One of the participants was Jack, a professional bass player who was forced by eye cancer and dementia to leave his bands. His wife also joined BUDI and played the violin for the first time since school.

Both found that the orchestra helped overcome feelings of loneliness, and Jack’s confidence returned as a result of being part of the sessions.

The project has also highlighted that the musicians’ and volunteers’ preconceptions of music learning were positively challenged as a result of their experiences with the BUDI Orchestra.

Professor Innes and her research team have produced a guide in collaboration with the professional musicians for those interested in setting up their own community-based music group.

Dr Michelle Heward, also from BUDI, says: “Our creative projects show that it is possible for people with dementia to take part, learn something new and have fun, all at the same time.”

Extra Holiday Stress Could Be Rough on a Woman’s Heart

Newswise, November 11, 2015 — Many women put a lot pressure on themselves to make the holidays perfect for everyone. Everything from cooking to buying presents to organizing family gatherings can add a lot of unnecessary stress that can damage their hearts.

“We have seen more than a few cases of stress-induced cardiomyopathy around the holidays,” said Dr. Karla Kurrelmeyer, a cardiologist with Houston Methodist DeBakey Heart & Vascular Center.

“This occurs when women are under great amounts of stress for a short period of time and that stress is compounded with another traumatic event such as a death in the family, a car accident, loss of money, etc. If it is ignored it can be fatal.”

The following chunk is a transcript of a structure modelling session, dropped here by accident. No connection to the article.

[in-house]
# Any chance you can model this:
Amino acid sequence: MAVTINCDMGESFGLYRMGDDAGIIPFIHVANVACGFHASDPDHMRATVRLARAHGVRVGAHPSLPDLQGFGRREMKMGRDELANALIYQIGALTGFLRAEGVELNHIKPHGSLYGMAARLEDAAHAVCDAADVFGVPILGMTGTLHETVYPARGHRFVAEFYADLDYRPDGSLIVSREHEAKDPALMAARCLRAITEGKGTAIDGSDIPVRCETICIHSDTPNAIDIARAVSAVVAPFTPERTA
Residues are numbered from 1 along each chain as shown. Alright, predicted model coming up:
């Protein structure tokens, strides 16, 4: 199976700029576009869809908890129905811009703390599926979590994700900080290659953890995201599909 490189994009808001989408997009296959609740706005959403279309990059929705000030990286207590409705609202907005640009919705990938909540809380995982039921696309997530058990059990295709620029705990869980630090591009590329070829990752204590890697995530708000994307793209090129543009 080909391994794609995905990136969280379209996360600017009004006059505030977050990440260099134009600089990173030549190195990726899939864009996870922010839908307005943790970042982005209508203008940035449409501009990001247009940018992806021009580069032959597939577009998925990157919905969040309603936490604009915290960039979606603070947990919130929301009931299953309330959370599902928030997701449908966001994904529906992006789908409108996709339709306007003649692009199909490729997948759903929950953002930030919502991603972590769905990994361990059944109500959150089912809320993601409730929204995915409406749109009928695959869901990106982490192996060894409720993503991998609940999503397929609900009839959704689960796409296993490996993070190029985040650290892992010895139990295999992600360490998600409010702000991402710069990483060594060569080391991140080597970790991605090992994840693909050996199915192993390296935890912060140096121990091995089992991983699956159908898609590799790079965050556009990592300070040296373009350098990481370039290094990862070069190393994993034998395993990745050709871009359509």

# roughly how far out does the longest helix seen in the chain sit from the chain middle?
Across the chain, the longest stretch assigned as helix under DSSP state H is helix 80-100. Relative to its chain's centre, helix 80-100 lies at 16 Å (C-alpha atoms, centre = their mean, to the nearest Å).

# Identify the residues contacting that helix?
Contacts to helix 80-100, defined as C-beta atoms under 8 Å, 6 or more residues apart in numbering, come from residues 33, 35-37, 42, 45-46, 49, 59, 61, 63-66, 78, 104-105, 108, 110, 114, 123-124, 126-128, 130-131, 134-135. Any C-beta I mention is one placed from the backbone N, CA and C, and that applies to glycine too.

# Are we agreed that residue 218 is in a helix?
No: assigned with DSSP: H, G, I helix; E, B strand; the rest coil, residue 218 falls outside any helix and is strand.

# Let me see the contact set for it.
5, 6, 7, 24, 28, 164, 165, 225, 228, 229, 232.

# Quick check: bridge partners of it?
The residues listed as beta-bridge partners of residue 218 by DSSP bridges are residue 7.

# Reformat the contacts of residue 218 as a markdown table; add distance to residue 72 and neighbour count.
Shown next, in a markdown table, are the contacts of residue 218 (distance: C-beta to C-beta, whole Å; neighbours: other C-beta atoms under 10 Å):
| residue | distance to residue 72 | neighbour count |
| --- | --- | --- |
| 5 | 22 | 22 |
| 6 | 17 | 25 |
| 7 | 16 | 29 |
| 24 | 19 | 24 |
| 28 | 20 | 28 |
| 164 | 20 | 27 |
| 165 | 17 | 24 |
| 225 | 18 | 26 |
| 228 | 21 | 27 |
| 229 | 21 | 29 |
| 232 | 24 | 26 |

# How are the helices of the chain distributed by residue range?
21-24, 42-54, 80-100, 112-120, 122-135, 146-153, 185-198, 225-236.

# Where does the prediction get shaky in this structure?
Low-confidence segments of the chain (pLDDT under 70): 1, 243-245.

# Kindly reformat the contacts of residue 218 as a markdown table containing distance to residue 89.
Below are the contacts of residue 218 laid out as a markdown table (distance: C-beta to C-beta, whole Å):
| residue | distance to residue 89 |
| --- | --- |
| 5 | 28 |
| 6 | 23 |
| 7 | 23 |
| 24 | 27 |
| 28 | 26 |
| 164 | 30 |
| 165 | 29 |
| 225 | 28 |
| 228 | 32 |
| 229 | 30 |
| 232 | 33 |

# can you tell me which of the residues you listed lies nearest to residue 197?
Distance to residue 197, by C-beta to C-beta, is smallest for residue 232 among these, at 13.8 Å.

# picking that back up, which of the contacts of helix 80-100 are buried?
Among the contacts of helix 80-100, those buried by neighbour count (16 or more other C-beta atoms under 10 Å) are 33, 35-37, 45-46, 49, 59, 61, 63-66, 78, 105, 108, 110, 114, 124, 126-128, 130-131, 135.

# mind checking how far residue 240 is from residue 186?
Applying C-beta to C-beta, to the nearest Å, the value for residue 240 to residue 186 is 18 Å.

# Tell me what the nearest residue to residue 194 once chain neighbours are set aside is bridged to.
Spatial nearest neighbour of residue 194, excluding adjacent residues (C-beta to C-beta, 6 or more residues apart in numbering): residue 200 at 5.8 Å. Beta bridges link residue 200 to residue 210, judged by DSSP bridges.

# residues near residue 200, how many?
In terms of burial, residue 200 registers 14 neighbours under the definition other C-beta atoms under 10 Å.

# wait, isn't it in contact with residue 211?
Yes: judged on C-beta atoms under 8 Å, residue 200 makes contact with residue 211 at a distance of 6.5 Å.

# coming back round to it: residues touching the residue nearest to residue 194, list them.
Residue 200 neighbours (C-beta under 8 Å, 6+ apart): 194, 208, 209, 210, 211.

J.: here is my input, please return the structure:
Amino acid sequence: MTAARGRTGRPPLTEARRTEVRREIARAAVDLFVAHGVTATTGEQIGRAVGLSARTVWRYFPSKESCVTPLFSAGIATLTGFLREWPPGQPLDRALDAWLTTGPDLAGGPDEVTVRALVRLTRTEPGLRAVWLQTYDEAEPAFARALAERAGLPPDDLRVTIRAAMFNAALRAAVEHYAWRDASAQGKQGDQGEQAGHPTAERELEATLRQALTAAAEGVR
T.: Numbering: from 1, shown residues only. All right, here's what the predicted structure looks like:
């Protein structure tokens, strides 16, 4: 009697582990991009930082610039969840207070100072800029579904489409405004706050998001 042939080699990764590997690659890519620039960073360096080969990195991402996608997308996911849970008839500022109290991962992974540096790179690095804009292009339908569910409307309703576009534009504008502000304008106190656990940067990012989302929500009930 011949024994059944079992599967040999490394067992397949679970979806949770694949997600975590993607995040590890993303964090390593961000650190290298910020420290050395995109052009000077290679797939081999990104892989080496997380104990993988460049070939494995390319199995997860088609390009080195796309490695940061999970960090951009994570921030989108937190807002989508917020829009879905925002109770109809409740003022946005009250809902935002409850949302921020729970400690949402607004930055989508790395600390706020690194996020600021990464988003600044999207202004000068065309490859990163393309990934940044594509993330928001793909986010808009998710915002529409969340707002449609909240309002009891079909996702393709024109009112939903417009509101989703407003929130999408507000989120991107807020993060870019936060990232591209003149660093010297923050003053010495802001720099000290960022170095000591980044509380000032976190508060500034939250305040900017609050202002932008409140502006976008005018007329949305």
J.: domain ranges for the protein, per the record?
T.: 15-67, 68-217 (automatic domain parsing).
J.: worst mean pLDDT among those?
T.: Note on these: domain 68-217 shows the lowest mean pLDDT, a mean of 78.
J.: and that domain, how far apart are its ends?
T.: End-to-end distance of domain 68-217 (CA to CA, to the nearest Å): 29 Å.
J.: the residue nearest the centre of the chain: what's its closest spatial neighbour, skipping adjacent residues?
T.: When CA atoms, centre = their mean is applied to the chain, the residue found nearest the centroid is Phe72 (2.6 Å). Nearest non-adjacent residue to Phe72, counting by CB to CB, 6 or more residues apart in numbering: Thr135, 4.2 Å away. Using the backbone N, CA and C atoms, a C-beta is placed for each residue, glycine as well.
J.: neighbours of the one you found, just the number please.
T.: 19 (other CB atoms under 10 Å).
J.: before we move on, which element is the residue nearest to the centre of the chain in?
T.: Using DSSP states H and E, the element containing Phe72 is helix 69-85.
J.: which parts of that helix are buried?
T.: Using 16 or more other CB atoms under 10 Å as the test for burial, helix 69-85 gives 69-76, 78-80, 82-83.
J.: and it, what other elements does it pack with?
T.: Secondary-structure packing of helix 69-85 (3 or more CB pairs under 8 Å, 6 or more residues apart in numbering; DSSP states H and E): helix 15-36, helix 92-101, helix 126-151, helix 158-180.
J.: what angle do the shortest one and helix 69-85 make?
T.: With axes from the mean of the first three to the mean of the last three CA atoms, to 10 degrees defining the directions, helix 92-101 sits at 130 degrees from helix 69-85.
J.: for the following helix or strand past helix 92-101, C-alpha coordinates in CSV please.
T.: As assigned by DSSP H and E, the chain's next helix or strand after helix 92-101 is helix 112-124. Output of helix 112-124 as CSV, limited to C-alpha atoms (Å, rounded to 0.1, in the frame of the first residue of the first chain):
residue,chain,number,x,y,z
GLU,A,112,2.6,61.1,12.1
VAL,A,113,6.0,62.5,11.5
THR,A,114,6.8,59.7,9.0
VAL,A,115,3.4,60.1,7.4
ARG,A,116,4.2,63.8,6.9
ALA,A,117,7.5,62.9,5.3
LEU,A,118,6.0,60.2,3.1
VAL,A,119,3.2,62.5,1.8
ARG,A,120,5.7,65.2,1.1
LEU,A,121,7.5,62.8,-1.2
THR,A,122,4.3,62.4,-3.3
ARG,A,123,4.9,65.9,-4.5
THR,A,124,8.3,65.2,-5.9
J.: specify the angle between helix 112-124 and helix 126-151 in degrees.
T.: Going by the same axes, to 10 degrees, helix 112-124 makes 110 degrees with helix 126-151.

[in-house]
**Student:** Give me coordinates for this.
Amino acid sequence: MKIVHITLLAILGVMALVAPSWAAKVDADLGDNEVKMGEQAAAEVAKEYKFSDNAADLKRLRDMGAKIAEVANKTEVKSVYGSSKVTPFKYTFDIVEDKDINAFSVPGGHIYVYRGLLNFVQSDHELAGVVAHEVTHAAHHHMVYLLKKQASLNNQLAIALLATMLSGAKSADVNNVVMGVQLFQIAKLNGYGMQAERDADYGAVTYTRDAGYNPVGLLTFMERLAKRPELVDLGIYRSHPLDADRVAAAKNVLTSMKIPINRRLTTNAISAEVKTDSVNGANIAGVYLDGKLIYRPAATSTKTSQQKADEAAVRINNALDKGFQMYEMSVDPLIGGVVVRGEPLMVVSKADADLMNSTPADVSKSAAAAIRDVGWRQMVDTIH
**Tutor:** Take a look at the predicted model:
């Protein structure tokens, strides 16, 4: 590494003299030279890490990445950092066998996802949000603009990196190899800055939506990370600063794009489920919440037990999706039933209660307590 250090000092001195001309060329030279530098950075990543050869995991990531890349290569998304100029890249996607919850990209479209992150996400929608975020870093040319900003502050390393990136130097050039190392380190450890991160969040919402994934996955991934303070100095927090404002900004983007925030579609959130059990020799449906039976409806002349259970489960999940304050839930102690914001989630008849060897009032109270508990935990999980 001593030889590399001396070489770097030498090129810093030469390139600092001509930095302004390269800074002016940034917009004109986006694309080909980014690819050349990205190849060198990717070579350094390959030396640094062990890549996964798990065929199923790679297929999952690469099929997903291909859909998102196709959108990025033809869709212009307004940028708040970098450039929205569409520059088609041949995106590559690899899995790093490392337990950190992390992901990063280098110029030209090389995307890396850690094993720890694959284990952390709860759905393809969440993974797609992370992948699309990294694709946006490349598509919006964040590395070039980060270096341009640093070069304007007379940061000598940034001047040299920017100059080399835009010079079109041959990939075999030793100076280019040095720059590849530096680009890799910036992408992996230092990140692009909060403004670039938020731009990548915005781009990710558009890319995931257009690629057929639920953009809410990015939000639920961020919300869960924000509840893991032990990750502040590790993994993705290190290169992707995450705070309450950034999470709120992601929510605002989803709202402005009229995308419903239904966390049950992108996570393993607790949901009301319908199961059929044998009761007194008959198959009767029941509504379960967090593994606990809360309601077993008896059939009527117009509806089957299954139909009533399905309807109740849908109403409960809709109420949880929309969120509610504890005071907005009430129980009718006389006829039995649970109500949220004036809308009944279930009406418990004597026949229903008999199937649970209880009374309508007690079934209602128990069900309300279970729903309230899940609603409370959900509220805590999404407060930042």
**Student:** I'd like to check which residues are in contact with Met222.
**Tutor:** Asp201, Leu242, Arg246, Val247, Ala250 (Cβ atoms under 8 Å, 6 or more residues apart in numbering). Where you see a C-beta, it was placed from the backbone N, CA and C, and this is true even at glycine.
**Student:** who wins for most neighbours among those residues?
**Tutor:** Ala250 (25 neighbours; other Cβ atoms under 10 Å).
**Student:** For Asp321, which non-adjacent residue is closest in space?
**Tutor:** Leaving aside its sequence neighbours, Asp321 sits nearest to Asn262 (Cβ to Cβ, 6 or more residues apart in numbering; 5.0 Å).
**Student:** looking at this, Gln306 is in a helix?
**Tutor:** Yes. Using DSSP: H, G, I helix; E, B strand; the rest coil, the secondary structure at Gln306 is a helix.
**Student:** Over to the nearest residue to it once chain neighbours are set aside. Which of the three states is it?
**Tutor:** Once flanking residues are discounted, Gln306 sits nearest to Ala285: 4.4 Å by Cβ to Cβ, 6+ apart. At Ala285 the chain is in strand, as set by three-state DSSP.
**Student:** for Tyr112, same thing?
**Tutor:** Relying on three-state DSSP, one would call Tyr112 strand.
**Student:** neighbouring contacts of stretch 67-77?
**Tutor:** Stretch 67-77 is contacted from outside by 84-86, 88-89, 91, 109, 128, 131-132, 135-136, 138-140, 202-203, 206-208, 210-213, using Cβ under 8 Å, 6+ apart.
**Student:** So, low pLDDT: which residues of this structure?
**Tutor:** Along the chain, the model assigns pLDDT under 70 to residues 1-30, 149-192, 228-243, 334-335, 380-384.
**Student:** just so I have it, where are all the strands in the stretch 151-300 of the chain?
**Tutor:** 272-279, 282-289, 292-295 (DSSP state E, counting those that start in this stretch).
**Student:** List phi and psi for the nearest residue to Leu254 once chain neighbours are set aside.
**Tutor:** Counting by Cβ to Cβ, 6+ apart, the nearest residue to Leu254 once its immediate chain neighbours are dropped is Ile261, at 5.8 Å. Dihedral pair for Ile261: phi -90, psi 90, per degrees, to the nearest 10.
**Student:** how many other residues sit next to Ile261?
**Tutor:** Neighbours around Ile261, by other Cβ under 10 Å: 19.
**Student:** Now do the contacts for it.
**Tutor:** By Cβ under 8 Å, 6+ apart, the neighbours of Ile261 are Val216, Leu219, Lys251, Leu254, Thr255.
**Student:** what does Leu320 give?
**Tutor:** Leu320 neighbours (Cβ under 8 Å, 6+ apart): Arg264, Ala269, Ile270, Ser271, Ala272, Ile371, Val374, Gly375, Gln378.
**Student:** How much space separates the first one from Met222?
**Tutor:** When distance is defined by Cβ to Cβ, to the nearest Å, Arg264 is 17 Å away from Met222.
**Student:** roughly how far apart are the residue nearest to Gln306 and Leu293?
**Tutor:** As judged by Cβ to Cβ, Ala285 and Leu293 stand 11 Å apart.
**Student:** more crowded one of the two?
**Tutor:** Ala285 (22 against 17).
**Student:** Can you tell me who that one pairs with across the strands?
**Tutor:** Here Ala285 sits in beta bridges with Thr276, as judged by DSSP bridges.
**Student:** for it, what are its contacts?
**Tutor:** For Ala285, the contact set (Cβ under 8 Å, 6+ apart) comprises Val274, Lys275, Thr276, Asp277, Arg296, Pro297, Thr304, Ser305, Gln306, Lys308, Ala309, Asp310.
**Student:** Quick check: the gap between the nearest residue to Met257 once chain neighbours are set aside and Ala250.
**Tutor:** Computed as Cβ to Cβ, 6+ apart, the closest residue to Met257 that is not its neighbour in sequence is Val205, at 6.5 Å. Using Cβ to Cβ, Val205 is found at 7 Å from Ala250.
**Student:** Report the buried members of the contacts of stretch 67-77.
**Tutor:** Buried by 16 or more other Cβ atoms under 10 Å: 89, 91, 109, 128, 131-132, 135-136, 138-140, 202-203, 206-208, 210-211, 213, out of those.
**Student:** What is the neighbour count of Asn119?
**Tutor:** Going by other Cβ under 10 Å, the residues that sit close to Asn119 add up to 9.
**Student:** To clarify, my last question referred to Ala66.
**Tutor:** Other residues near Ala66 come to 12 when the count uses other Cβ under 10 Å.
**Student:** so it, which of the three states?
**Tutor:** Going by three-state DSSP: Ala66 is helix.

Stress-induced cardiomyopathy is a weakening of the left ventricle, the heart’s main pumping chamber.

It is brought on by the release of stress hormones that shock the heart, causing changes in the heart muscles that then cause the left ventricle to not work properly. The vast majority of people who are affected by this condition are women in the late 50s to mid-70s.

“Someone experiencing this condition might develop chest pains or shortness of breath after severe stress, either emotional or physical,” Kurrelmeyer said.

“In most cases, it is treated with medication such as beta blockers or ACE inhibitors. It’s important to have an echocardiogram as soon as possible if you are experiencing any symptoms.”

A spike in blood pressure is also seen a lot around the holidays. Kurrelmeyer says many women end up in the ER with chest pains or palpitations and, in the most severe cases, can suffer a stroke.

If a woman has a history of high blood pressure it’s important to monitor it closely, especially during those times when the stress level rises.
Heart problems in women are not usually as recognizable as they are in men.

Some of the symptoms for women include:
• Extreme weakness, anxiety, or shortness of breath.
• Discomfort, pressure, heaviness or pain in the chest, arm, below the breastbone or in the middle of the back.
• Sweating, nausea, vomiting, dizziness.
• Fullness, indigestion, a tightness in the throat area.
• Rapid or irregular heartbeats.

“It’s important to take time for yourself during the holiday season and do things that will help relieve your stress,” Kurrelmeyer said. “Exercise, either walking or running, yoga, meditation, a nice walk with a loved one, whatever it takes, make it happen. The holidays should be a joyous time spent with family and friends at home, not with doctors in an emergency room.”

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Tuesday, November 10, 2015

How Low to Go for Blood Pressure? Lower Target Could Affect Millions of Americans

Systolic Blood Pressure Intervention Trial recommendations may have broad impact